The information provided here is not a replacement for a doctor. You shouldn't use it for the purpose of self-diagnosing or self-medicating but rather so you can have a more informed discussion with a professional TCM practitioner.
Stifling sensation in the chest and epigastrium can be the consequence of several so-called “patterns of disharmony” in Chinese Medicine.
Chinese Medicine sees the body as a system, not a sum of isolated parts. A "pattern" is when the system's harmony is disrupted, leading to symptoms or signs that something is wrong (like stifling sensation in the chest and epigastrium here). It is similar to the concept of disease in Western Medicine but not quite: a Western disease can often be explained by several Chinese patterns and vice-versa.
A pattern often manifests itself in a combination of symptoms that, at first glance, do not seem necessarily related to each others. For instance here stifling sensation in the chest and epigastrium is often associated with nausea, vomiting and palpitations in the pattern “Damp-Cold Phlegm”. As you will see below, we have in record two patterns that can cause stifling sensation in the chest and epigastrium.
Once identified, patterns are treated using medicinal herbs, acupuncture, and other therapies. In the case of stifling sensation in the chest and epigastrium we’ve identified two herbal formulas that may help treat patterns behind the symptom.
We’ve also selected below the five medicinal herbs that we think are most likely to help treat stifling sensation in the chest and epigastrium.
In Chinese Medicine stifling sensation in the chest and epigastrium is a symptom for 2 patterns that we have on record. Below is a small explanation for each of them with links for more details.
Pulse type(s): Slippery (Hua)
Tongue coating: Thick white coating
Damp-Cold Phlegm is often treated with Er Chen Tang, a herbal formula made of 5 herbs (including Crow-Dipper Rhizomes - Ban Xia - as a key herb). Er Chen Tang belongs to the category of "formulas that dry dampness and transform phlegm", which might be why it is often recommended for this pattern. Its main action as a formula is: "Dries Damp and dispels Phlegm".
The Triple Burner is a so-called "Fu" Organ. Learn more about the Triple Burner in Chinese Medicine
In addition to stifling sensation in the chest and epigastrium, other symptoms associated with Phlegm-Dampness in the Middle-Burner include nausea, vomiting and coughing of copious thin and white sputum.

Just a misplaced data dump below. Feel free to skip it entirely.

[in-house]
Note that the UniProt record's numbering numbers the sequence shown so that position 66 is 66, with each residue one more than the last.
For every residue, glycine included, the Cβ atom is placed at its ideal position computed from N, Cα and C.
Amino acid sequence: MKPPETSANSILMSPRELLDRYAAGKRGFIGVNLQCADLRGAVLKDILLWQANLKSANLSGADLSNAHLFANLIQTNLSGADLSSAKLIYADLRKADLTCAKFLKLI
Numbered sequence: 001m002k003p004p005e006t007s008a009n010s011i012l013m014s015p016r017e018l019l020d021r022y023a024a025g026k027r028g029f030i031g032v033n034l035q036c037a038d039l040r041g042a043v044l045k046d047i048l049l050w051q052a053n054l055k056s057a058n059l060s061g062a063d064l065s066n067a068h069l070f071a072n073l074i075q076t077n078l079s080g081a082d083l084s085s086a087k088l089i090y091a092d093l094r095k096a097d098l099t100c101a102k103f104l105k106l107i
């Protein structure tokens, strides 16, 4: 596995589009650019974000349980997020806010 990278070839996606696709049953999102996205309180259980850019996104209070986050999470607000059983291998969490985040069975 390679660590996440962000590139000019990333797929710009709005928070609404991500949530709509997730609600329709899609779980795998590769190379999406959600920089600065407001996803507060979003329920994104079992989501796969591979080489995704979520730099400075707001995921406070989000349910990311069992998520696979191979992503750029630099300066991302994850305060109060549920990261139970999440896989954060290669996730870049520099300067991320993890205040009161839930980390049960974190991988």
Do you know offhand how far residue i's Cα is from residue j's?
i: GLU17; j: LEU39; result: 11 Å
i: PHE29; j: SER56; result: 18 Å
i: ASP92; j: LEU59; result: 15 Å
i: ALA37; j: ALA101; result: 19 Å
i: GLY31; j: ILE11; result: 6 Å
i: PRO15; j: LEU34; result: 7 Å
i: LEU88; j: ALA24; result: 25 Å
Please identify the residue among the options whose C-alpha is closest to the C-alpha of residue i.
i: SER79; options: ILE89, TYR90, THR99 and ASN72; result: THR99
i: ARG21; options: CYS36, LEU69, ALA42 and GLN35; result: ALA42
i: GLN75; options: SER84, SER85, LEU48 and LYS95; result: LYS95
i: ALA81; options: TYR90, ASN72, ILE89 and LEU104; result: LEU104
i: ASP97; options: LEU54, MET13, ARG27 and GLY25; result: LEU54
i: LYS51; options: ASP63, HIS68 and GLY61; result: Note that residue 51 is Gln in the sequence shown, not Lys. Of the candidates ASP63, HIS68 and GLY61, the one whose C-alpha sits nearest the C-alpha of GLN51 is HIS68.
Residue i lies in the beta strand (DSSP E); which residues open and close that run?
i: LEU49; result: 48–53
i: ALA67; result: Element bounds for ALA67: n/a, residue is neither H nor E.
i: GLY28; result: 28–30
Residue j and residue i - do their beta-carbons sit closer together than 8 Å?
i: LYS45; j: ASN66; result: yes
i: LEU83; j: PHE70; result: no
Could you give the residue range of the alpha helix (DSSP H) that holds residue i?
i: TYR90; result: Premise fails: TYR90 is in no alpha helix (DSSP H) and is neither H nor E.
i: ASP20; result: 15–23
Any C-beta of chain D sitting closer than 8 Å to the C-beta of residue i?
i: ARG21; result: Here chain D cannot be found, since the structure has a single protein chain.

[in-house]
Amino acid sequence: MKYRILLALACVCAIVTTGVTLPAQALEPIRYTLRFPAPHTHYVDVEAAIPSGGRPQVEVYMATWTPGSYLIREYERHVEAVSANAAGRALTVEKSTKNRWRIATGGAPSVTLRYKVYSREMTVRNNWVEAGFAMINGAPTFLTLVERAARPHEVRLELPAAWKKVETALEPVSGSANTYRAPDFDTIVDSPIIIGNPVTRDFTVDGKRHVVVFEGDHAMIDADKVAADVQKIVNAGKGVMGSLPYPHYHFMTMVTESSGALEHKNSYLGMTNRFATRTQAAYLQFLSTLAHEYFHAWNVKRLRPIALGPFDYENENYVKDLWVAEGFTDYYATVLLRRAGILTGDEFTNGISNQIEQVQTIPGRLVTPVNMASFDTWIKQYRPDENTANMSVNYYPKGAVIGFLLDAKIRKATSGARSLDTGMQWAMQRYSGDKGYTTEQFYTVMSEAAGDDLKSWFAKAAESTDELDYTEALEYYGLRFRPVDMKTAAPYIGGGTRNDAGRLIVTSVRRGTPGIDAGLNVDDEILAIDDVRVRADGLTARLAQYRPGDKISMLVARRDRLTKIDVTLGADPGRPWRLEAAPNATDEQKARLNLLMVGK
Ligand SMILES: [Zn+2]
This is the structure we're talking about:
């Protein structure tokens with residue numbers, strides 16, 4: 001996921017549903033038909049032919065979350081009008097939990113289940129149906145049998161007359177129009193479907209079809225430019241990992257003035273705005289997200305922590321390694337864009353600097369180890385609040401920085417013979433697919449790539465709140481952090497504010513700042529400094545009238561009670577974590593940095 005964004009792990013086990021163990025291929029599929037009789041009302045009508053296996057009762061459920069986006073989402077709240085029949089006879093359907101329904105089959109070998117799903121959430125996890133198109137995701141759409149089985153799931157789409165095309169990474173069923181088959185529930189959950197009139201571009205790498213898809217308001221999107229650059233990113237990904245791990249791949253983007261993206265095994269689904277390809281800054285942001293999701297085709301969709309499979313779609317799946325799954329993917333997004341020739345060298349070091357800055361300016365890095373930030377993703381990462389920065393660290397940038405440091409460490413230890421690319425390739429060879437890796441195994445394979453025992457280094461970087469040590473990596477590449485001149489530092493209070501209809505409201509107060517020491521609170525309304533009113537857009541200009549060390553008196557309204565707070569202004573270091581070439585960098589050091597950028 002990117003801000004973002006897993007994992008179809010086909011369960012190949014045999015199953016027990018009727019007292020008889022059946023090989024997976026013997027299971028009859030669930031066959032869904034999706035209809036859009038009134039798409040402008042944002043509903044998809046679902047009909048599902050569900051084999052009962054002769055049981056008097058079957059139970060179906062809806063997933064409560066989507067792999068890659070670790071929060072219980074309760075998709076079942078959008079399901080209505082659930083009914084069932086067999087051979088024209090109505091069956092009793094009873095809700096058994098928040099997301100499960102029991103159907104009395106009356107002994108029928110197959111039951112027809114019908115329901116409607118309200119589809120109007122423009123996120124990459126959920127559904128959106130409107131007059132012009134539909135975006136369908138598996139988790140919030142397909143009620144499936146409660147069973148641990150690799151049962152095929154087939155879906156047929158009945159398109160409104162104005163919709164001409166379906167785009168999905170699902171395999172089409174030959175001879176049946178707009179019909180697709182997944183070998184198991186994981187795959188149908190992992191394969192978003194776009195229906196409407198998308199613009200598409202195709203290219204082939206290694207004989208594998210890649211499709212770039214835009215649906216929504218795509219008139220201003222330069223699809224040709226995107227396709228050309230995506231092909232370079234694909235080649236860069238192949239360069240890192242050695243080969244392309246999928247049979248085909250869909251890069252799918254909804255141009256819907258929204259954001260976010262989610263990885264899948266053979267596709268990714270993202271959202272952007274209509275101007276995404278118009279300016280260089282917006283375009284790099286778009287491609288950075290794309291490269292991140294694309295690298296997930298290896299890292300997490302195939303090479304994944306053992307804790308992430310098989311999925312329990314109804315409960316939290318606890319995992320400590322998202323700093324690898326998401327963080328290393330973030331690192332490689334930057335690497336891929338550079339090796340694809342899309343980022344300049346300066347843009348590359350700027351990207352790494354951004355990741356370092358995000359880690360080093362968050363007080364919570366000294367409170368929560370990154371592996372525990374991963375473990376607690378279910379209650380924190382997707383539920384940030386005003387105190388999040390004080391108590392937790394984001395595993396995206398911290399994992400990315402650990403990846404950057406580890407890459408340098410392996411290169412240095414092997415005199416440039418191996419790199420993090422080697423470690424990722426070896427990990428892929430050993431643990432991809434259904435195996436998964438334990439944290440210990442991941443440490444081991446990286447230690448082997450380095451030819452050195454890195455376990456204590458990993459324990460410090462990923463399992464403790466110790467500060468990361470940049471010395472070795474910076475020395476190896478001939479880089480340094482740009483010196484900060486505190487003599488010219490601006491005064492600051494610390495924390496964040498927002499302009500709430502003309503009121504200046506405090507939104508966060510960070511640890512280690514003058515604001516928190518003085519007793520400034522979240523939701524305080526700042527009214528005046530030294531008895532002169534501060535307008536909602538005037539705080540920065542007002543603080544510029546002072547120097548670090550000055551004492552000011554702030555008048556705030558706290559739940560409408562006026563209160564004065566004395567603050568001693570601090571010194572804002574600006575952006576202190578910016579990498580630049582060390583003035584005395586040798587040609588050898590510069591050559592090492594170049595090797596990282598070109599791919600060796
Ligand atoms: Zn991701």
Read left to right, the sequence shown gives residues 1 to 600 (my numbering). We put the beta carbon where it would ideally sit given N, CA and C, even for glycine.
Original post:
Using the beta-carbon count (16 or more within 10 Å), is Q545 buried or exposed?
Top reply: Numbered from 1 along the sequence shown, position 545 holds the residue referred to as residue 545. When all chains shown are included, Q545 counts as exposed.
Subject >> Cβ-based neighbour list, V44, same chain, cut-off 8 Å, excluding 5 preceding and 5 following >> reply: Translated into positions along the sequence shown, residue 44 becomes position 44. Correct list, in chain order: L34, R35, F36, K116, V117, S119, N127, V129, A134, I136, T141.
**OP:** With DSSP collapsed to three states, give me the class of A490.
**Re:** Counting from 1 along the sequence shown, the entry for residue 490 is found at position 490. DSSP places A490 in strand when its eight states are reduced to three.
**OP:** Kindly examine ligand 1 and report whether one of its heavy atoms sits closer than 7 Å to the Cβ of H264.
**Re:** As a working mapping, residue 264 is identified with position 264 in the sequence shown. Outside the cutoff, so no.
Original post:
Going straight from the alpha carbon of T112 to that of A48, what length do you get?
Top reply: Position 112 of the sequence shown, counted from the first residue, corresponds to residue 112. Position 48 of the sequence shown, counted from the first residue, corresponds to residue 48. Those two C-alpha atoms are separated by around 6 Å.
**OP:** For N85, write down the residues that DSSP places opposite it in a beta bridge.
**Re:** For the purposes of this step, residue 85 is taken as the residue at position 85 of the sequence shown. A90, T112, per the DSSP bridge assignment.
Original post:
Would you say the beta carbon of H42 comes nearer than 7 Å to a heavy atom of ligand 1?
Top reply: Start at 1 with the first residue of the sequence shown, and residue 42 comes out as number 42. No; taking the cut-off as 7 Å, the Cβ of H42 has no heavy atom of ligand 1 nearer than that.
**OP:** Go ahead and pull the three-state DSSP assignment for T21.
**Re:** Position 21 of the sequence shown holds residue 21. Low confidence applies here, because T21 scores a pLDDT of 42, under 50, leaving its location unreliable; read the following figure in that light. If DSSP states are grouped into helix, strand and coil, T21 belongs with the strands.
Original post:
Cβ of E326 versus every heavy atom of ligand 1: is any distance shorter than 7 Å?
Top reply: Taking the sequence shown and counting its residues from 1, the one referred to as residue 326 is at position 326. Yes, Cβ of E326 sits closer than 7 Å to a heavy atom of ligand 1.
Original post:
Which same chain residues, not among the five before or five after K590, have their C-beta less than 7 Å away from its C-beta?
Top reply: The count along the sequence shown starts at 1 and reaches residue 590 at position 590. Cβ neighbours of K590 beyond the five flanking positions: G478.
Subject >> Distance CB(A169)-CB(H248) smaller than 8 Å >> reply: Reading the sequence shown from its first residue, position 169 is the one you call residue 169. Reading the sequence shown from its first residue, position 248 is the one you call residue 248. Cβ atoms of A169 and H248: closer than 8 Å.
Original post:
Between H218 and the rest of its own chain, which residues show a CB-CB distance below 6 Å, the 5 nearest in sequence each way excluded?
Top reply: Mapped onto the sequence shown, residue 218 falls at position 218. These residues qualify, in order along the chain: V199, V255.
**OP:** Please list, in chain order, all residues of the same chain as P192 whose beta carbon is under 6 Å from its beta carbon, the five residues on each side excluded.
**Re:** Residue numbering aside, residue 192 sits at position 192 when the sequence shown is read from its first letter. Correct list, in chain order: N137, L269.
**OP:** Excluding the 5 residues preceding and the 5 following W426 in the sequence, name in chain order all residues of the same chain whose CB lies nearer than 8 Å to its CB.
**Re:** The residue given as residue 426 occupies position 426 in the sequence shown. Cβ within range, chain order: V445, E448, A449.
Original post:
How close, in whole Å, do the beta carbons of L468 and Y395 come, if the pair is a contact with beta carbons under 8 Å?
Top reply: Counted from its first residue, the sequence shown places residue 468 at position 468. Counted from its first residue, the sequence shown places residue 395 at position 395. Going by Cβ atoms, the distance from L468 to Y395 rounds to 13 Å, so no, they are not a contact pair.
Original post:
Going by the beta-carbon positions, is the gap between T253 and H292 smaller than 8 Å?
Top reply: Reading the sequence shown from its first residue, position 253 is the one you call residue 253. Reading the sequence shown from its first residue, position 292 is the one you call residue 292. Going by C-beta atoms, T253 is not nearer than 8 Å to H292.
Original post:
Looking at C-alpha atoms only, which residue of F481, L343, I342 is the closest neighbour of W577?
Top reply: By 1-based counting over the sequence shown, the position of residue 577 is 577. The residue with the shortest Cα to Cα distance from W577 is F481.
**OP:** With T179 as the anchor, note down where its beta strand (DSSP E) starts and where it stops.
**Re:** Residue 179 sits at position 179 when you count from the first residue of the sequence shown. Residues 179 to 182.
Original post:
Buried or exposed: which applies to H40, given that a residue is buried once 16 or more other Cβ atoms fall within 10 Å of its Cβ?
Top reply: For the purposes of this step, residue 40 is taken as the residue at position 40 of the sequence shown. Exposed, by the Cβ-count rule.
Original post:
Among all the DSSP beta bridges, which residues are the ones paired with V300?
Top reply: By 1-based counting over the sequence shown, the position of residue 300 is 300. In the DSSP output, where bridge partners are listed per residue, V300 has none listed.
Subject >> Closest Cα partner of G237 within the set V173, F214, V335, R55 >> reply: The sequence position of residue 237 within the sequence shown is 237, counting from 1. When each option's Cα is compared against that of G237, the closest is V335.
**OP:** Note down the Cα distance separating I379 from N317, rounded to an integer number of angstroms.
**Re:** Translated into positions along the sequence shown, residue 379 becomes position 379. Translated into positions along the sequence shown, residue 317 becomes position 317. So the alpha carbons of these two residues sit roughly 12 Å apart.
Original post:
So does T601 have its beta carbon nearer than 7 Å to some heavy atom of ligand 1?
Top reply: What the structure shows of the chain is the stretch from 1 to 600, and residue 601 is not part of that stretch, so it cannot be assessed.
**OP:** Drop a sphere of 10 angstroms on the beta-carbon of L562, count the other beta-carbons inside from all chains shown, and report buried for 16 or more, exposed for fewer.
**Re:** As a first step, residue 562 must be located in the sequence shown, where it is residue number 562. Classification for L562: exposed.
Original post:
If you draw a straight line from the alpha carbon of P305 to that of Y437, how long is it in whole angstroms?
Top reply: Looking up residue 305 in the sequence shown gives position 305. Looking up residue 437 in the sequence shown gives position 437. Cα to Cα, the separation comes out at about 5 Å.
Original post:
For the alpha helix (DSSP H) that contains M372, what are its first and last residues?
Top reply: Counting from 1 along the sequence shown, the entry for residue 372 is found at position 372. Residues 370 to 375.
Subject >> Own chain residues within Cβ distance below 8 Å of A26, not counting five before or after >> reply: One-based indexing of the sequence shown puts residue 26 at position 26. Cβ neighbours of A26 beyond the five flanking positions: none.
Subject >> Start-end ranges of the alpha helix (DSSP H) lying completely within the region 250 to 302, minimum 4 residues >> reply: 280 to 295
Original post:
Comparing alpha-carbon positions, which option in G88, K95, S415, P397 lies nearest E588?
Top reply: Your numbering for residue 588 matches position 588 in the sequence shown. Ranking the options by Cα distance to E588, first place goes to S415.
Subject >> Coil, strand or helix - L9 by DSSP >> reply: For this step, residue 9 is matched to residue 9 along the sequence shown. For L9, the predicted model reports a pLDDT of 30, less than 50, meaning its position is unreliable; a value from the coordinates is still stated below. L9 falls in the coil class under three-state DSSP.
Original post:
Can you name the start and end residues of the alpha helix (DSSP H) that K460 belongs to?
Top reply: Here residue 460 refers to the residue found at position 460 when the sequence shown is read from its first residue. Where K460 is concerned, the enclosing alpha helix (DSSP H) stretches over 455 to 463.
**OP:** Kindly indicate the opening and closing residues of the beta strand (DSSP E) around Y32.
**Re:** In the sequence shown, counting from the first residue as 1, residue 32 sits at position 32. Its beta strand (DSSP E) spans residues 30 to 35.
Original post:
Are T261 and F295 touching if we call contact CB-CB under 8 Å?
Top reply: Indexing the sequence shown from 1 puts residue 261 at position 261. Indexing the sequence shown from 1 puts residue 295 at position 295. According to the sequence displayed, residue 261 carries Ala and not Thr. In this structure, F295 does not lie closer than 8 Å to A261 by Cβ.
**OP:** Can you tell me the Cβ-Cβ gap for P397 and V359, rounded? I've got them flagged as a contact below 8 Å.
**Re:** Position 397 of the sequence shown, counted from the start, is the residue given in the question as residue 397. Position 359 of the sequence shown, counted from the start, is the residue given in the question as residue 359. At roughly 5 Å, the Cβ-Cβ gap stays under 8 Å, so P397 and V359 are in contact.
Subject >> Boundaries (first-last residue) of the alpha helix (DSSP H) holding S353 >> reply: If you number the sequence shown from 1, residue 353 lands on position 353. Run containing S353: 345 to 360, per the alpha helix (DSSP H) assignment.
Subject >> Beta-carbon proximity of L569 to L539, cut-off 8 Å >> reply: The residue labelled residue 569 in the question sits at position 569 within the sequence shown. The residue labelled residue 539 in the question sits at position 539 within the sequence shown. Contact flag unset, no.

Phlegm-Dampness in the Middle-Burner is often treated with Liu Jun Zi Tang, a herbal formula made of 6 herbs (including Ginseng - Ren Shen - as a key herb). Liu Jun Zi Tang belongs to the category of "formulas that tonify qi", which might be why it is often recommended for this pattern. Its main action as a formula is: "Tonifies Qi".
Source date: 1148 AD
Number of ingredients: 5 herbs
Key actions: Dries Damp and dispels Phlegm. Regulates Qi and harmonizes the Middle Burner (Stomach and Spleen).
Because it is a formula often recommended to treat the pattern 'Damp-Cold Phlegm' of which stifling sensation in the chest and epigastrium is a symptom.
Source date: 1107
Number of ingredients: 6 herbs
Key actions: Tonifies Qi. Strengthens the Spleen and Stomach. Clears Phlegm and mucus. Promotes appetite.
Because it is a formula often recommended to treat the pattern 'Phlegm-Dampness in the Middle-Burner' of which stifling sensation in the chest and epigastrium is a symptom.
Its main actions are: Warms the Spleen and regulates the Middle Burner Qi. Dries Dampness and disperses Phlegm from the Lungs and Middle Burner. Reduces the potential for Stagnation caused by tonifying herbs.
Its main actions are: Drains Dampness and reduces Phlegm. Reverses the flow of Rebellious Qi. Reduces hardenings and relieves distention.
Its main actions are: Encourages urination and drains Dampness. Tonic to the Spleen/Stomach. Assists the Heart and calms the Spirit.
Its main actions are: Tonifies the Basal Qi and nourishes the Spleen Qi. Clears Heat and dispels toxicity. Moistens the Lungsexpel phlegm and stop coughing. Relieves spasms and alleviates pain. Harmonizes and moderates the effects of other herbs.
Because it is a key herb in Liu Jun Zi Tang, a herbal formula indicated to treat the pattern 'Phlegm-Dampness in the Middle-Burner' (a pattern with stifling sensation in the chest and epigastrium as a symptom)
Its main actions are: Very strongly tonifies the Qi. Tonifies the Lungs and Spleen. Assists the body in the secretion of Fluids and stops thirst. Strengthens the Heart and calms the Shen (mind/spirit).